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Guilty plea Dublin airplane passenger who shoved cabin crew was trying to reach distressed mother

Oleg Zagrekov (43) made a "split second" decision that went "catastrophically wrong" when he pushed a flight attendant as he went to his mother's aid

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Oleg Zagrekov

Oleg Zagrekov

Oleg Zagrekov

An airplane passenger who shoved cabin crew and shouted abuse at them on a flight into Dublin was trying to get to his distressed elderly mother who was having trouble with her seatbelt.

Oleg Zagrekov (43) made a "split second" decision that went "catastrophically wrong" for him when he pushed a flight attendant as he went to his mother's aid.

A judge spared him a criminal record after he made a €150 charity donation at Dublin District Court.

Zagrekov, a father-of-nine from An Riasc, Finglas, Dublin pleaded guilty to threatening, abusive and insulting behaviour on board an aircraft.

The court heard the incident took place on a flight from Lithuania to Dublin on December 14 last year.

Zagrekov became agitated over the issue of his mother fastening her seatbelt and shoved one of the cabin crew members, shouting abuse at them.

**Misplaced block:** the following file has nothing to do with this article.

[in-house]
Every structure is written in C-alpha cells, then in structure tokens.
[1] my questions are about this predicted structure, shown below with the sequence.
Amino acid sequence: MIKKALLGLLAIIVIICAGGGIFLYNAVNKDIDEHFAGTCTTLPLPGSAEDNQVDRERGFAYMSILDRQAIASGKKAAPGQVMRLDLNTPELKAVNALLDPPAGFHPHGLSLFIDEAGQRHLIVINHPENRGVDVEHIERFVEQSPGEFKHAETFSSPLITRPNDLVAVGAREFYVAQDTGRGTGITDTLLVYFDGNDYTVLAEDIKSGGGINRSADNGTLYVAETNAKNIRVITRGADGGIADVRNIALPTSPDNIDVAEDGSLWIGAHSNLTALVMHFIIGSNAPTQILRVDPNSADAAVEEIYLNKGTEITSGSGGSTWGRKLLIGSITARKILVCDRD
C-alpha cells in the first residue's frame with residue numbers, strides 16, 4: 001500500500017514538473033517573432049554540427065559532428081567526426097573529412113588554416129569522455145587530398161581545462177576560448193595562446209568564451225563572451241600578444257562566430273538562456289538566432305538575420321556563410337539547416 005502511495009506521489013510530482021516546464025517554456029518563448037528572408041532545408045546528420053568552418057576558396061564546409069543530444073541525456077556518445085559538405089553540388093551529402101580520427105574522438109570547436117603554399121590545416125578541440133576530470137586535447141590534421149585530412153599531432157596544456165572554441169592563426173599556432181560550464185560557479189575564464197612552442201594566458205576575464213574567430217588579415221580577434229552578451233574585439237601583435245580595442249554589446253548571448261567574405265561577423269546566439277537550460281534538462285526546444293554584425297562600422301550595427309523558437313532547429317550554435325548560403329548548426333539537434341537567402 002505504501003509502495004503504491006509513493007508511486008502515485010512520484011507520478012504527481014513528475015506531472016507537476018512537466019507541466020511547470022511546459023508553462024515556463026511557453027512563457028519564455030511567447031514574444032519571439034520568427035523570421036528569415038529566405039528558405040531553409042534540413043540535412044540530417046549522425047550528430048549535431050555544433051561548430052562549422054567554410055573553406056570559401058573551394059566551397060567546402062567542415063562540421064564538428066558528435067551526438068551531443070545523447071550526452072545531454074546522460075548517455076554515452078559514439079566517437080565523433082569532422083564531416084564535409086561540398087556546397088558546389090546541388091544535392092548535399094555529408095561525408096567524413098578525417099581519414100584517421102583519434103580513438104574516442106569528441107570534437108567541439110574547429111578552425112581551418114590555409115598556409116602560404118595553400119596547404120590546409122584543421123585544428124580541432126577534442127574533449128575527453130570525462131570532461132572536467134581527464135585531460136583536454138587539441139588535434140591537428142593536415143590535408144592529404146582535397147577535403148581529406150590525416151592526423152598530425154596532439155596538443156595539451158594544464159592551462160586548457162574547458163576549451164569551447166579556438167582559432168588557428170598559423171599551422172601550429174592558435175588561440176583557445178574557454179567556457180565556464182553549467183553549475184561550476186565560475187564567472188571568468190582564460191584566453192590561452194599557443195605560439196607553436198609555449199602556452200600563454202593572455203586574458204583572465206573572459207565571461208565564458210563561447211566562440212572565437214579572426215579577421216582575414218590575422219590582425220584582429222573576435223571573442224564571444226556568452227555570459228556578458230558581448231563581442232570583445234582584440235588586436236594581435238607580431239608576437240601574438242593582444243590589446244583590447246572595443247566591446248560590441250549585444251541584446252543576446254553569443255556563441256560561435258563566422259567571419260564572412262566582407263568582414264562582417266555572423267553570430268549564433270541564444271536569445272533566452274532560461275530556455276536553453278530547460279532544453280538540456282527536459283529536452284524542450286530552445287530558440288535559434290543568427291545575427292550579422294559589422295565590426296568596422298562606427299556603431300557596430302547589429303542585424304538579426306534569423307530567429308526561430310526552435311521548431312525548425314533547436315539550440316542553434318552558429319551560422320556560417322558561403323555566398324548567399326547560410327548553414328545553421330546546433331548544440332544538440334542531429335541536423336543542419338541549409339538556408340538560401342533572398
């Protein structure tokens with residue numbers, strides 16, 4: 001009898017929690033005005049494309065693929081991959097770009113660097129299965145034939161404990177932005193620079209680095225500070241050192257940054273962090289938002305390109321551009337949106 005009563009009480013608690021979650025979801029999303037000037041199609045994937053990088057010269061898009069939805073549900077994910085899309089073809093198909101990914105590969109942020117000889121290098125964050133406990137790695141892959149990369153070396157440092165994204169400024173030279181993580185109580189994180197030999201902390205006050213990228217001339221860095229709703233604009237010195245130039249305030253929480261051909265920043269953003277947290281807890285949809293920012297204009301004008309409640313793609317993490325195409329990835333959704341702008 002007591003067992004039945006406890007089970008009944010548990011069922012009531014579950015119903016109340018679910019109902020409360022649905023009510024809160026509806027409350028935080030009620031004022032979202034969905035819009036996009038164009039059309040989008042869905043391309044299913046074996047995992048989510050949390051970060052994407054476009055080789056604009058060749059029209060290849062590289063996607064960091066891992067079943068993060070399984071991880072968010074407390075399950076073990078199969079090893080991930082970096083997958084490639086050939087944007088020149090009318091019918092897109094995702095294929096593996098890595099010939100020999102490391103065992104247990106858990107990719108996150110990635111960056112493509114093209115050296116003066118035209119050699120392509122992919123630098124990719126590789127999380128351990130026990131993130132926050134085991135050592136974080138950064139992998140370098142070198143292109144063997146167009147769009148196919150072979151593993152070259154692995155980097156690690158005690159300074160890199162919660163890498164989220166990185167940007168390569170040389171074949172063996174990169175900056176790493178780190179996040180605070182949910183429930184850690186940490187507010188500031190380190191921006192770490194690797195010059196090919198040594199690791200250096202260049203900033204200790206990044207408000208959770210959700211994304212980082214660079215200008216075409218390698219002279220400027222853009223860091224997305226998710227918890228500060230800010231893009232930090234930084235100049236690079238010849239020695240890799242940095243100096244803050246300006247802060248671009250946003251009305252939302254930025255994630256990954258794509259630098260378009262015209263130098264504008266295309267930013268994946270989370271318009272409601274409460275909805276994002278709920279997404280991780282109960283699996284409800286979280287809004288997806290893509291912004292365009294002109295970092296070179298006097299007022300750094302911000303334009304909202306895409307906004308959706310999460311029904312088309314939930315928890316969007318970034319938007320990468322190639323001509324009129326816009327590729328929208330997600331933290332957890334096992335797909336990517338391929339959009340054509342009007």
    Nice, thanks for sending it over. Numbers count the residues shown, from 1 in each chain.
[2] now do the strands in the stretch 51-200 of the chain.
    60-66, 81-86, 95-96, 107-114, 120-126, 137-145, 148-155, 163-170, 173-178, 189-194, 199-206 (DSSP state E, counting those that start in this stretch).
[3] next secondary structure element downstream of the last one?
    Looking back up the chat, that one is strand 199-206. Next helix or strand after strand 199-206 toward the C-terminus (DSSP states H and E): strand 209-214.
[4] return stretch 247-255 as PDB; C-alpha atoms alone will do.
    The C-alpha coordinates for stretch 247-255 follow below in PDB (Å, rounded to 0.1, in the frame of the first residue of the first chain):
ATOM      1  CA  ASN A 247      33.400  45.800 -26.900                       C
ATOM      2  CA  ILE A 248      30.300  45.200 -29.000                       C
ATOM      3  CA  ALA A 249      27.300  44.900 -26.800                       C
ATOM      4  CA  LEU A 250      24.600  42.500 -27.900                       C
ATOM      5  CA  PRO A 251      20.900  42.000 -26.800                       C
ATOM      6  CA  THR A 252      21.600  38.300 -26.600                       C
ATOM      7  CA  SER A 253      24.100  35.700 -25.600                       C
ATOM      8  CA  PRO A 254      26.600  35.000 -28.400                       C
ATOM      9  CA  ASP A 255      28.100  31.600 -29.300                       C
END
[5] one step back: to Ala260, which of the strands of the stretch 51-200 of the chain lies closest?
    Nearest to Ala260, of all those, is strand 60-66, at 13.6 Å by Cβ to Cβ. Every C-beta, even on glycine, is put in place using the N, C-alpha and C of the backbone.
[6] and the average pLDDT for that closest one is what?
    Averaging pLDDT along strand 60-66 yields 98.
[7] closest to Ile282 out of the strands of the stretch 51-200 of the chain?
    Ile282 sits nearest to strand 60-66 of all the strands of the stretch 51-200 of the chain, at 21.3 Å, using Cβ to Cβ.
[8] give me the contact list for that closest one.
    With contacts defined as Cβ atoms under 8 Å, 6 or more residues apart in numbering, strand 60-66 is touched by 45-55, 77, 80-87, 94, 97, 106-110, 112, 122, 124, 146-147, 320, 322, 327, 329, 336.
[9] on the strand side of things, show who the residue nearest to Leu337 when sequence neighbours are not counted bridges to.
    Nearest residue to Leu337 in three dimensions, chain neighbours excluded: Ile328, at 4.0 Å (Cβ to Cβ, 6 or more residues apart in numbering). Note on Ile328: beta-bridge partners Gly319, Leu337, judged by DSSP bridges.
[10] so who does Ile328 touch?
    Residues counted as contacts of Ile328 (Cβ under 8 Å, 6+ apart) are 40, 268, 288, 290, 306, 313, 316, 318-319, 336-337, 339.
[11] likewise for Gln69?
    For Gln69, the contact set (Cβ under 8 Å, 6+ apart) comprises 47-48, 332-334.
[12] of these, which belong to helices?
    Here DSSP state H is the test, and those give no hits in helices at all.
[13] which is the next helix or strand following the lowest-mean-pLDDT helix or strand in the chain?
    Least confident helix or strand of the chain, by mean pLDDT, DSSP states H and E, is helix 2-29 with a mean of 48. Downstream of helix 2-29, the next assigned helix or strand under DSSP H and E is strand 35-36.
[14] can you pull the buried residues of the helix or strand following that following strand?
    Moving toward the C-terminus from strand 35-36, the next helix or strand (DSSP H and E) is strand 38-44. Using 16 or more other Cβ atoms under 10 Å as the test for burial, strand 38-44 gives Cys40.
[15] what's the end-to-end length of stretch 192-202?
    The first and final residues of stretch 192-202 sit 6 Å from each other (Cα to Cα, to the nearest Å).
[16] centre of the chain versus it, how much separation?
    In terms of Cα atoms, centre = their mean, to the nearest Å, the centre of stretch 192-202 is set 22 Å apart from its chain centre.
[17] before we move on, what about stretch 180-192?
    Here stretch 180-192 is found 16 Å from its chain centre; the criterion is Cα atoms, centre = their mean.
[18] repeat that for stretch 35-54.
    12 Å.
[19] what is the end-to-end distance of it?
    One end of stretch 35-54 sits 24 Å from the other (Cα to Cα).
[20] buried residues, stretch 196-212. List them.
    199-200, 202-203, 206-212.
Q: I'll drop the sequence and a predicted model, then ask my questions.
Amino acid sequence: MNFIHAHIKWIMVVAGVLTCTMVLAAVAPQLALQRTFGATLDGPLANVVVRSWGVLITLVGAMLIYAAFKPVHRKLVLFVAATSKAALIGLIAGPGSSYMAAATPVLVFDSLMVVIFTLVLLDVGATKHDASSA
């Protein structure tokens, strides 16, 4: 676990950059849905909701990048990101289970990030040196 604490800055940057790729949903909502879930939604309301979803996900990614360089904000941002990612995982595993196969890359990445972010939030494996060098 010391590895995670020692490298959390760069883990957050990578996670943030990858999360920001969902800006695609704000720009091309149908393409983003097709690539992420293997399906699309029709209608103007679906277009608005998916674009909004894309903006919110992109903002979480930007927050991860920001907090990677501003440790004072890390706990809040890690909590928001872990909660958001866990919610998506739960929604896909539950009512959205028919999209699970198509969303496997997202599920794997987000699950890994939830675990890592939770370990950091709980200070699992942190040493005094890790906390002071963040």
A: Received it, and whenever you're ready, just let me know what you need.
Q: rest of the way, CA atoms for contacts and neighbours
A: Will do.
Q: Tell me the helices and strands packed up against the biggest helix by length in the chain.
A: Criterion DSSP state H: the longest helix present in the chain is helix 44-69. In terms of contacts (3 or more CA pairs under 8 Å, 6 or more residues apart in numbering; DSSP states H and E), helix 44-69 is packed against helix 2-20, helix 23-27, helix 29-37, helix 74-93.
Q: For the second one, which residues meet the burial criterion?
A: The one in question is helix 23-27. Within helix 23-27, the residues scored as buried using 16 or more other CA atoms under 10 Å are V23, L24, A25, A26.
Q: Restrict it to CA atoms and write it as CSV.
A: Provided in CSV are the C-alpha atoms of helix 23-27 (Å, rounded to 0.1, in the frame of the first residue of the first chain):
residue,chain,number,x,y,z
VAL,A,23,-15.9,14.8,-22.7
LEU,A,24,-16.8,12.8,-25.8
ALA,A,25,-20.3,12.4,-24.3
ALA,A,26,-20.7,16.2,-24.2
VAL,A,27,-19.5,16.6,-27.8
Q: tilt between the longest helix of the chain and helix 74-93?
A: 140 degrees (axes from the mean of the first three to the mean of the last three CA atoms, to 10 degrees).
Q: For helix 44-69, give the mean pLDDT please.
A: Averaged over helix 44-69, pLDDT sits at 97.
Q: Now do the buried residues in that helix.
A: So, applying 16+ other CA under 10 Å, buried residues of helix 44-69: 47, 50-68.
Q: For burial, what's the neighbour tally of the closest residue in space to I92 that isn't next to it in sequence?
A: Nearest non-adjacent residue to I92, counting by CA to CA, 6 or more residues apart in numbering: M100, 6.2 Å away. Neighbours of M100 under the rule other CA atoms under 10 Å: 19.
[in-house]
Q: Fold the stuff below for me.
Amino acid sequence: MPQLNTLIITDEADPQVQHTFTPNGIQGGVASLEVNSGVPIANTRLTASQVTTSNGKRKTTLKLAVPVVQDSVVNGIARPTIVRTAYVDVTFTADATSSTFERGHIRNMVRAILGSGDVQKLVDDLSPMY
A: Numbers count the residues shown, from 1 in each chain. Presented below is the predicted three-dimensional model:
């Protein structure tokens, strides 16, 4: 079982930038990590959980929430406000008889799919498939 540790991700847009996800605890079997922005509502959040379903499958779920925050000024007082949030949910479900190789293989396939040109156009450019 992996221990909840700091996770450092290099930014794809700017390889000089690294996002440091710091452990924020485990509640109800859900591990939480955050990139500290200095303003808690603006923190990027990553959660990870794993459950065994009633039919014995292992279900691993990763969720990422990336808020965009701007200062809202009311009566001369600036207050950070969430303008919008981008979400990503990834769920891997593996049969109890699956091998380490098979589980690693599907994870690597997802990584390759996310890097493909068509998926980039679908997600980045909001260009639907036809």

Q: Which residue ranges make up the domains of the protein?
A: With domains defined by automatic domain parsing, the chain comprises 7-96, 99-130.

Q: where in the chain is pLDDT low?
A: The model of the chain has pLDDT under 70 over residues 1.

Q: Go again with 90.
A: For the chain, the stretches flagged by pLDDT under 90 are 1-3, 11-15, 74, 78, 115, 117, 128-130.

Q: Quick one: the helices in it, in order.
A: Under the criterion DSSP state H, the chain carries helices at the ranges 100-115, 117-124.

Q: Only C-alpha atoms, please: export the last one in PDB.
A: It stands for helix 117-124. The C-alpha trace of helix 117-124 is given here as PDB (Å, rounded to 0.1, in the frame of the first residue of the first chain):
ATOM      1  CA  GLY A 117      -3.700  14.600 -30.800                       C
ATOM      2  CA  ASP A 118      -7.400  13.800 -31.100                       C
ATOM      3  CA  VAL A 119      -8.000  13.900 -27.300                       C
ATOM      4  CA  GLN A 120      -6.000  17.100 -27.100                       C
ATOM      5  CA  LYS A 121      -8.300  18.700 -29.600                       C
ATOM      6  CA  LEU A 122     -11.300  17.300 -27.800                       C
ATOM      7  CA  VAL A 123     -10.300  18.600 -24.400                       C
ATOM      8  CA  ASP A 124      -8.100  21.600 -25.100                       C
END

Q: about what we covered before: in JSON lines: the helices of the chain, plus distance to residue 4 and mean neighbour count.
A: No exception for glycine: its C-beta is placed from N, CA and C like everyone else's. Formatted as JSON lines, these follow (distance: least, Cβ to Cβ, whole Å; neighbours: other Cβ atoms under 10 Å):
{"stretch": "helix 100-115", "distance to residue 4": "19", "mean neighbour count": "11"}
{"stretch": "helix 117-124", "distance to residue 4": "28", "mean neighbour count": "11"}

He had no previous convictions.

The accused was bringing his elderly mother to Dublin from Vilnius as she had a stroke and he intended her to live with him, his solicitor Philip Hannon said.

On the plane, she was having difficulties with her seatbelt and was distressed and gesturing to him when he went to assist her and rashly pushed past a flight attendant.

His mother became his priority in that split second.

The accused had “no animus” toward the cabin crew and what happened was a “split second” decision that went “catastrophically wrong,” Mr Hannon said.

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He behaved in an inappropriate way by pushing past cabin crew when he “should have known better and does know better.” There was no question of any alcohol or malice.

Zagrekov had been working in Ireland for 15 years and was caretaker at an English language college.

He was also involved in a Christian charity. The accused was very involved and rooted in the community here and his children were attending school in the Finglas-Glansevin area.

He was very embarrassed and remorseful over his actions, Mr Hannon said.

Judge Treasa Kelly said the accused had taken full responsibility for his actions and apologised.

“He was obviously trying to keep his mother safe and well,” she said.

She told him to make a charity donation and applied the Probation Act.

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